There is a balance in everything, just like seasoning - things can be over seasoned, things can be under seasoned - and there is a place where things are just right. For everyone that spot is different - everyone has a different threshold of of "not enough" and "too much".

For me, the idea of a food replicator for a Mars mission makes some sense - though making an anti-chef device to be used in the world of gastronomy doesn't.

The context, as always, makes the difference.

I can only agree to disagree and every time I post I say it will be the last - so maybe this time
I'll just say nothing.


nathan gray

"At the gate, I said goodnight to the fortune teller... the carnival sign threw colored shadows on her face... but I could tell she was blushing." - B.McMahan


#116 Pan

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Posted 23 March 2006 - 12:09 AM

I think that a degree of arrogance in a creative artist -- which is what an inspired chef is -- is to be expected, and respected. Of course, all in moderation, but I have to wonder if a person of total humility would have the drive necessary to succeed in such a difficult field.

#117 Chef Fowke

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Posted 23 March 2006 - 02:21 AM

Ultimately, is it not the customer who has the choice?

If you want leading edge food, you need to travel to Napa, Spain, etc.
The chicken wing analog really breaks this down to its basic element. Go to Buffalo if you want a real Buffalo wing, but none of are going to do that ~ and we will be happy to sample our local pubs version.

The evolution of food is dynamic. I use different foams at my restaurant. Am I copying Il Bulli circa 1994? Yes, but this is the direction food is evolving. I have made tomato, beet and wheat caviar; 99% of the guests who eat at my restaurant know the inspiration is founded in the late 1990’s in Spain.

The customer desires new tastes and textures. As a chef, it is my job to stay current with the trends.

Posting similar photos of dishes, recipes, or exact descriptions is/should be illegal and is immoral (amoral).

In the same note: making a hollandaise with margarine should be seen in the same light, Escoffier set standards for recipes; the consumer should hold chefs to the same standards. If a restaurant/chef uses culinary nomenclature on there menu it should be standardized.

I think stating that you are using tomato caviar on your menu is enough of an ode to the master.
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#118 aussiebarracuda

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Posted 23 March 2006 - 04:48 AM

I feel like the point has been made and we should leave this poor guy alone.

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While this is a pretty damning topic......, and one which will always create a lot of heated controversy. It does seem a little unfair that Interlude and Robin is getting singled out and used as the prime example, when so many restaurants I've seen and worked with down here in Melbourne do exactly the same sort of thing as discussed in the original accusations.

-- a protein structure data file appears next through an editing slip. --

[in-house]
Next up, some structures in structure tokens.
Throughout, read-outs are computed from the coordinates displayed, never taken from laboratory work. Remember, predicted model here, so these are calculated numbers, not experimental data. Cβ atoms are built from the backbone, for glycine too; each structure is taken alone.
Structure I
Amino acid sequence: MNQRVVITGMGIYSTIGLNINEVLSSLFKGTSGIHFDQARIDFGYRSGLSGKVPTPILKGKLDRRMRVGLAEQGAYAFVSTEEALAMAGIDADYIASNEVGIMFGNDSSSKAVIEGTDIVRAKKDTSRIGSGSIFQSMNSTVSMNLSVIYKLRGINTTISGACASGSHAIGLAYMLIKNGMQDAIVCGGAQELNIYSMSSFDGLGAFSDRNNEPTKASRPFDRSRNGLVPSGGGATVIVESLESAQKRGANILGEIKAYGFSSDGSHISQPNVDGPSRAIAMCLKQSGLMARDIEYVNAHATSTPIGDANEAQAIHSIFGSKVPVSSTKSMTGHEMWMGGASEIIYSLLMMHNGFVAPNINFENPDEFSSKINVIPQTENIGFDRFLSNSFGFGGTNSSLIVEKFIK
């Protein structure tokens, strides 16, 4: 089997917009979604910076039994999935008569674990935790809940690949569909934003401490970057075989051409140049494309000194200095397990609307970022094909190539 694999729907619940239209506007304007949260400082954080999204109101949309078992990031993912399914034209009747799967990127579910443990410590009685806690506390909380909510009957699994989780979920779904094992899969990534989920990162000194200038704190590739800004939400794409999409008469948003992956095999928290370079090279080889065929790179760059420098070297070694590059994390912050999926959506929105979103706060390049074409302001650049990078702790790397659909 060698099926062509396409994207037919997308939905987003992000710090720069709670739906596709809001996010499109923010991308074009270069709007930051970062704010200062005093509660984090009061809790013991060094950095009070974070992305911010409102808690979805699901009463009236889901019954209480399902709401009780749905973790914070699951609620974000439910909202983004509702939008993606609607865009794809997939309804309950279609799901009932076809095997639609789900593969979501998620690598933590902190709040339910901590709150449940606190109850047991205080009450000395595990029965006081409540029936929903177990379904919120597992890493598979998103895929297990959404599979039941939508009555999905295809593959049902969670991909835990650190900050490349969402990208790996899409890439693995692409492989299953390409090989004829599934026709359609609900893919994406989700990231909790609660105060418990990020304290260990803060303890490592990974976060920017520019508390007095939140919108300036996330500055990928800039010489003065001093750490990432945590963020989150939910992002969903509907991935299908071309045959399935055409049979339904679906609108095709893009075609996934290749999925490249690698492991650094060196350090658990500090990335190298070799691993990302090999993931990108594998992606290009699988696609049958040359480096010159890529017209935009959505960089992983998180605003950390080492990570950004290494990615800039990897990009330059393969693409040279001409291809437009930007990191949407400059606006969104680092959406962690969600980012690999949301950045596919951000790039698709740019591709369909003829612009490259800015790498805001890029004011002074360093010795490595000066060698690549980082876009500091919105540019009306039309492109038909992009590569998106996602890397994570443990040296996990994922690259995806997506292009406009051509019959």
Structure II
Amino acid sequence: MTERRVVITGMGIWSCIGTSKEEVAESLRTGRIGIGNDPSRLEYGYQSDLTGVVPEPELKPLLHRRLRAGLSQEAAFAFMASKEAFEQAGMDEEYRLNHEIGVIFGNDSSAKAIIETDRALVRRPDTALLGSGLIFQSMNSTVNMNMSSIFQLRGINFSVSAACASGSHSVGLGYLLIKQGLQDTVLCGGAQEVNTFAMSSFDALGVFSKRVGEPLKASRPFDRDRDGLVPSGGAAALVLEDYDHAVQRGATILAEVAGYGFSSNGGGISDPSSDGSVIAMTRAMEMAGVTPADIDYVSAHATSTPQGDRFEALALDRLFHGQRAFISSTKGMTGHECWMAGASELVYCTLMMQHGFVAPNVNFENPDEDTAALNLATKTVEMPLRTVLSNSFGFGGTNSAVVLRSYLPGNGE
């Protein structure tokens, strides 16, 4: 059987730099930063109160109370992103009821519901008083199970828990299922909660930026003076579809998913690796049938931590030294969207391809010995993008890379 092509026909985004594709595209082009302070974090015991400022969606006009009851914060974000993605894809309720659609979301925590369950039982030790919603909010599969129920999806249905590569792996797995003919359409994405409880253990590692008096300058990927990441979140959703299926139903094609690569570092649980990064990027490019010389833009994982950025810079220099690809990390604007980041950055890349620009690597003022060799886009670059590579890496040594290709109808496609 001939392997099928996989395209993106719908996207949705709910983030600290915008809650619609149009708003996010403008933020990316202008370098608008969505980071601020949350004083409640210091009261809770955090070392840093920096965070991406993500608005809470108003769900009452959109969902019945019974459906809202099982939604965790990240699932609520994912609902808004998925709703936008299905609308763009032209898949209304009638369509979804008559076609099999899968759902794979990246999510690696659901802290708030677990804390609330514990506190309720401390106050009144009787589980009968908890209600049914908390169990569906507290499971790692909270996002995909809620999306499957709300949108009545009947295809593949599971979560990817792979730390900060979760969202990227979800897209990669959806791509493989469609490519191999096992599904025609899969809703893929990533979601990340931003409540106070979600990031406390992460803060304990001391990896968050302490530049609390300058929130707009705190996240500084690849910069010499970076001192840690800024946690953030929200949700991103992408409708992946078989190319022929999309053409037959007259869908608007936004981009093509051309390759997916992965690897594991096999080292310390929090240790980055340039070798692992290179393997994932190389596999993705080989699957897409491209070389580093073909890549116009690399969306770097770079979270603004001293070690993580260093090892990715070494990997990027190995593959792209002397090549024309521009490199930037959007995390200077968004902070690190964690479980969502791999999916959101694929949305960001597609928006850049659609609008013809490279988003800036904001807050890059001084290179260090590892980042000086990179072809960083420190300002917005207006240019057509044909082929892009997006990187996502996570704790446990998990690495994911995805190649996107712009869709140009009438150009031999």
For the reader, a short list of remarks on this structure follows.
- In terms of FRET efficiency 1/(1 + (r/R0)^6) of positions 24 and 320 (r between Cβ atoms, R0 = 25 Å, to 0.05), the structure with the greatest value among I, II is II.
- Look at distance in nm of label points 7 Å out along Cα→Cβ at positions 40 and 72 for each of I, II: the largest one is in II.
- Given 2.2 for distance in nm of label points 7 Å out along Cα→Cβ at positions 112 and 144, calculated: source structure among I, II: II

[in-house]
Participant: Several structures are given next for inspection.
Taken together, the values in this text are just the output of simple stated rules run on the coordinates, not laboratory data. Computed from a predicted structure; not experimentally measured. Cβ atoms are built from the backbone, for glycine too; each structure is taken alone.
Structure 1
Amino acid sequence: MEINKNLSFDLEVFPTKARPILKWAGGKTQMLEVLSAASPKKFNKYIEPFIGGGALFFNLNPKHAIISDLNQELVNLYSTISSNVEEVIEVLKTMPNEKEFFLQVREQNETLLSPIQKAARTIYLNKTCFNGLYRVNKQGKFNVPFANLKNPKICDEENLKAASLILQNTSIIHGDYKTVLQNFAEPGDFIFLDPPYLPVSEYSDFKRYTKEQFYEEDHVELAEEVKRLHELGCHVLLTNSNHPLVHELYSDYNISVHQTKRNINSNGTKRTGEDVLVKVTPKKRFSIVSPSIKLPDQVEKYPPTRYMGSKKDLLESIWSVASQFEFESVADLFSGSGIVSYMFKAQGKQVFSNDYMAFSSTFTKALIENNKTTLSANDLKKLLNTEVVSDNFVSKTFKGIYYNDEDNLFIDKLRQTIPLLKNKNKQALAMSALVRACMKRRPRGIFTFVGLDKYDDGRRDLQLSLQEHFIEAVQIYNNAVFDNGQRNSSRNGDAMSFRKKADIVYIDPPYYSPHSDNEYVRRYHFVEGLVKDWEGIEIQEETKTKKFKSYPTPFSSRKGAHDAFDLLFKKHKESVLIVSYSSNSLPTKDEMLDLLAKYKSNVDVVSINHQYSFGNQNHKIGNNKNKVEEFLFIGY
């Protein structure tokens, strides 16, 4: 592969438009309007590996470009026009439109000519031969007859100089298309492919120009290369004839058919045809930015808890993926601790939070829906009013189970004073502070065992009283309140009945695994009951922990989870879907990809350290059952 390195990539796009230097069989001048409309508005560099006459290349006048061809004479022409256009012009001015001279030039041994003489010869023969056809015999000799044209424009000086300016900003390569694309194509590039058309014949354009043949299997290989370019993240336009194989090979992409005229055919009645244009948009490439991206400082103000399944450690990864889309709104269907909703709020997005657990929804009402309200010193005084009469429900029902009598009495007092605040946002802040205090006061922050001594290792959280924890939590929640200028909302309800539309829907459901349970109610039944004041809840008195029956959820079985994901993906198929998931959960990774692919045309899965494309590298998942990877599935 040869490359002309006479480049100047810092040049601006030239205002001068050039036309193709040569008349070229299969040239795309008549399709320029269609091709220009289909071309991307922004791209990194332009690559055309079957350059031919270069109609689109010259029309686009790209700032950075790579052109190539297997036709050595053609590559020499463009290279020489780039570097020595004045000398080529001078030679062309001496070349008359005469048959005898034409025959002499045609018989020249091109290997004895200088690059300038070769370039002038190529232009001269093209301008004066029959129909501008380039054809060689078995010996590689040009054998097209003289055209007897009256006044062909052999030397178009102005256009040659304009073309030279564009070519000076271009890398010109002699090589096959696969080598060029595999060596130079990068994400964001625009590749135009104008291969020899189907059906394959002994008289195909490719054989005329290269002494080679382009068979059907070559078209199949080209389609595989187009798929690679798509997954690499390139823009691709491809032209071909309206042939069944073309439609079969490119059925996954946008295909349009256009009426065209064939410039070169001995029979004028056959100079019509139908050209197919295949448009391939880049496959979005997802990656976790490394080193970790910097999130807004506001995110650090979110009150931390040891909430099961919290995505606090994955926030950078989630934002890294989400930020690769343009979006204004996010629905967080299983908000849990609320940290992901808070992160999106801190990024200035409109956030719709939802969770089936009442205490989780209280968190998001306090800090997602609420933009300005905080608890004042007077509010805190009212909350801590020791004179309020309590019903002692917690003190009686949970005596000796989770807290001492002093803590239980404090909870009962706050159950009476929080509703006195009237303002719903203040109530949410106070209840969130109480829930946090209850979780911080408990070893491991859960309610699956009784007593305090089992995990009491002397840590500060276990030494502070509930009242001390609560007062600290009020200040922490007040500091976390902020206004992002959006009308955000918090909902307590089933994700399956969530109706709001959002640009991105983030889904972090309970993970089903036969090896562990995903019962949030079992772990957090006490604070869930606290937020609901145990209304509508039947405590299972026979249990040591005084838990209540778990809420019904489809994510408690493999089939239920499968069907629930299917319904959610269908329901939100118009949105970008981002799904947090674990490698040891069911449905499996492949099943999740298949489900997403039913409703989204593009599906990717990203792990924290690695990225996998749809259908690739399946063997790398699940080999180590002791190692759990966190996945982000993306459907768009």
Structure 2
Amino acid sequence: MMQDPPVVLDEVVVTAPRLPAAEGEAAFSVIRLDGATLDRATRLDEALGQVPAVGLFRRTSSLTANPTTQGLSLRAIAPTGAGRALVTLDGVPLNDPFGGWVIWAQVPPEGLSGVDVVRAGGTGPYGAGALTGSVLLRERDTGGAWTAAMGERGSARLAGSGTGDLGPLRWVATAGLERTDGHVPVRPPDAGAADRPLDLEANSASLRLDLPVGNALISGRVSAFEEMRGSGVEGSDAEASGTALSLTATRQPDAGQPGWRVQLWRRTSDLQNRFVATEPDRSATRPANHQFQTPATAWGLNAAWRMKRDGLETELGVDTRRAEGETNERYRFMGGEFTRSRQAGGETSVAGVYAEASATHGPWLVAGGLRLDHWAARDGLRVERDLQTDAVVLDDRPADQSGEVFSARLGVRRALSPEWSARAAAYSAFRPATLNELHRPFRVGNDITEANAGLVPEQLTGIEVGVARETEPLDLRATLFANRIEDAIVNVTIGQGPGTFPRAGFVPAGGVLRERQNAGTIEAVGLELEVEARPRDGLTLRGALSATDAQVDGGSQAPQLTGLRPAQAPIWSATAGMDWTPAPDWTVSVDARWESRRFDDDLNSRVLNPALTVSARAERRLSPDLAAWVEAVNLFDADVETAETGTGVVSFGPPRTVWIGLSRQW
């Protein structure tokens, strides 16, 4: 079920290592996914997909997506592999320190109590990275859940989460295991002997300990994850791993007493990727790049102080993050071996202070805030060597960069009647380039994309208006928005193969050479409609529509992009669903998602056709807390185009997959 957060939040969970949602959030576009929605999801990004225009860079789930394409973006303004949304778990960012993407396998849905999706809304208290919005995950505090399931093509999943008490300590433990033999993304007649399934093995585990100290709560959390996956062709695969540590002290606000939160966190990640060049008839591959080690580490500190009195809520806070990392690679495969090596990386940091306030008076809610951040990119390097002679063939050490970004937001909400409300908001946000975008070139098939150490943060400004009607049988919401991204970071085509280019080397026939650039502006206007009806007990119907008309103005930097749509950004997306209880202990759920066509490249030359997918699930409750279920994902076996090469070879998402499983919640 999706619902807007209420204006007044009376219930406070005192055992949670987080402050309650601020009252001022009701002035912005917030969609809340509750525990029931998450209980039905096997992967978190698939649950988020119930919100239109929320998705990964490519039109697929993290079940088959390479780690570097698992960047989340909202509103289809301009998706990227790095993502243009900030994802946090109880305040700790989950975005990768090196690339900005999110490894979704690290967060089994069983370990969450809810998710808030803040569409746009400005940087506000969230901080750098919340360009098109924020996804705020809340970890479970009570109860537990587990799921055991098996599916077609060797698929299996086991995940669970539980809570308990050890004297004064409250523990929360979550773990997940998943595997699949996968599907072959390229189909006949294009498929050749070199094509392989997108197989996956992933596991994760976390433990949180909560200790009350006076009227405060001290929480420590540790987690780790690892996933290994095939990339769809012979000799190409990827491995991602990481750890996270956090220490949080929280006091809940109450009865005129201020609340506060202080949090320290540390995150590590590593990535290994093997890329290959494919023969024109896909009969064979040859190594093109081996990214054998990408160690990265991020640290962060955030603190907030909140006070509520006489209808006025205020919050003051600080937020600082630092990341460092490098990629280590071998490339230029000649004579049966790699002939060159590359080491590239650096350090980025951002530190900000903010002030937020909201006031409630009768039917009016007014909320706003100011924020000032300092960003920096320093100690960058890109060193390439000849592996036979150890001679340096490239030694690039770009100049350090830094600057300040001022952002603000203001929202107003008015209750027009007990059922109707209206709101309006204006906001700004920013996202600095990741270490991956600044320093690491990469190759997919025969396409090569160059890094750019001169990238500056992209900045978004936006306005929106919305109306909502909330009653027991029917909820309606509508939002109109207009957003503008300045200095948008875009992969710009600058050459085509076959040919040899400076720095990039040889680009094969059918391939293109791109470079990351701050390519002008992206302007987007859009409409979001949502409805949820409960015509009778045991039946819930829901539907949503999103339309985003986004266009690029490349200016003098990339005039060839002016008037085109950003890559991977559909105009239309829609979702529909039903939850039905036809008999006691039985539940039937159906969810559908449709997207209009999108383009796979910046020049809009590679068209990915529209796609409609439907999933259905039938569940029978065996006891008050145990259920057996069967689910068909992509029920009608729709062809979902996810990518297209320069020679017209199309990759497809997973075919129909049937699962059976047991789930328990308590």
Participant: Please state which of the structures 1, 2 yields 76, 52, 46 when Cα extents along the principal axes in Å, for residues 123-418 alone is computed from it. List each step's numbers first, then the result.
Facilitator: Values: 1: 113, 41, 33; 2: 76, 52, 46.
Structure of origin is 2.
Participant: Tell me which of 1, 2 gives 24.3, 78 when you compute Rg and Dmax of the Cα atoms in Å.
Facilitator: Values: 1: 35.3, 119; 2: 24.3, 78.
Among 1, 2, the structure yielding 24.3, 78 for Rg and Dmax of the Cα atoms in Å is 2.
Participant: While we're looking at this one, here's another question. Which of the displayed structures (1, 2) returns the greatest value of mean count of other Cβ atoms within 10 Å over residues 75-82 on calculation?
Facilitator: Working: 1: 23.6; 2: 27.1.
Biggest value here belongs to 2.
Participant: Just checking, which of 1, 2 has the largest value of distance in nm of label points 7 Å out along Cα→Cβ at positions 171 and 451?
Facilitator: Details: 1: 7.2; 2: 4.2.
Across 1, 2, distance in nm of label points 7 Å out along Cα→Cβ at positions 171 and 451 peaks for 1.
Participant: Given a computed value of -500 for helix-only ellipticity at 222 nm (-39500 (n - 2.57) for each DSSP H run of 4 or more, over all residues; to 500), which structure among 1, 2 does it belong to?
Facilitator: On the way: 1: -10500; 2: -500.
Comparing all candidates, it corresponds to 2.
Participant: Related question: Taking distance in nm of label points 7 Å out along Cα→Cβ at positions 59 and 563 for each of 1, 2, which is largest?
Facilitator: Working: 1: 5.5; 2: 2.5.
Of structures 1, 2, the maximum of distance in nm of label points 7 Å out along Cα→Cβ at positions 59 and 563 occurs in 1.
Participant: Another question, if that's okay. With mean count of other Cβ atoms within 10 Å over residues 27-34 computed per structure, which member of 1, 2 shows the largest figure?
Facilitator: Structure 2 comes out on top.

PJ

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Care to name any names?

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Errrrr no not really :wink:
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#119 robert brown

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Posted 23 March 2006 - 07:16 AM

What's the big deal? I remember going to Michel Guerard in the late 1970s and being able to order dishes that were homages to his colleagues; i.e. Les Freres Troisgros' salmon in sorrel or Paulo Bocuse' truffle soup, the latter of which was better than the original and which I ordered several times after. Every one is so bitchy and egocentric these days to the extent that they don't want to come out and say that this is my rendition of a dish I had at wherever. Todays' food is so ephemeral that there are almost no classic dishes that will stand the test of time. As far as I'm concerned, bring on the salmon in sorrel.

#120 docsconz

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Posted 23 March 2006 - 08:21 AM

What's the big deal? I remember going to Michel Guerard in the late 1970s and being able to order dishes that were homages to his colleagues; i.e. Les Freres Troisgros' salmon in sorrel or Paulo Bocuse' truffle soup, the latter of which was better than the original and which I ordered several times after. Every one is so bitchy and egocentric these days to the extent that they don't want to come out and say that this is my rendition of a dish I had at wherever. Todays' food is so ephemeral that there are almost no classic dishes that will stand the test of time. As far as I'm concerned, bring on the salmon in sorrel.

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The difference Robert is that those dishes were probably identified as homages. The issue isn't so much that the dishes are copies, but that they appear to be claimed as originals in a context in which most people are not likely to aware that they are not.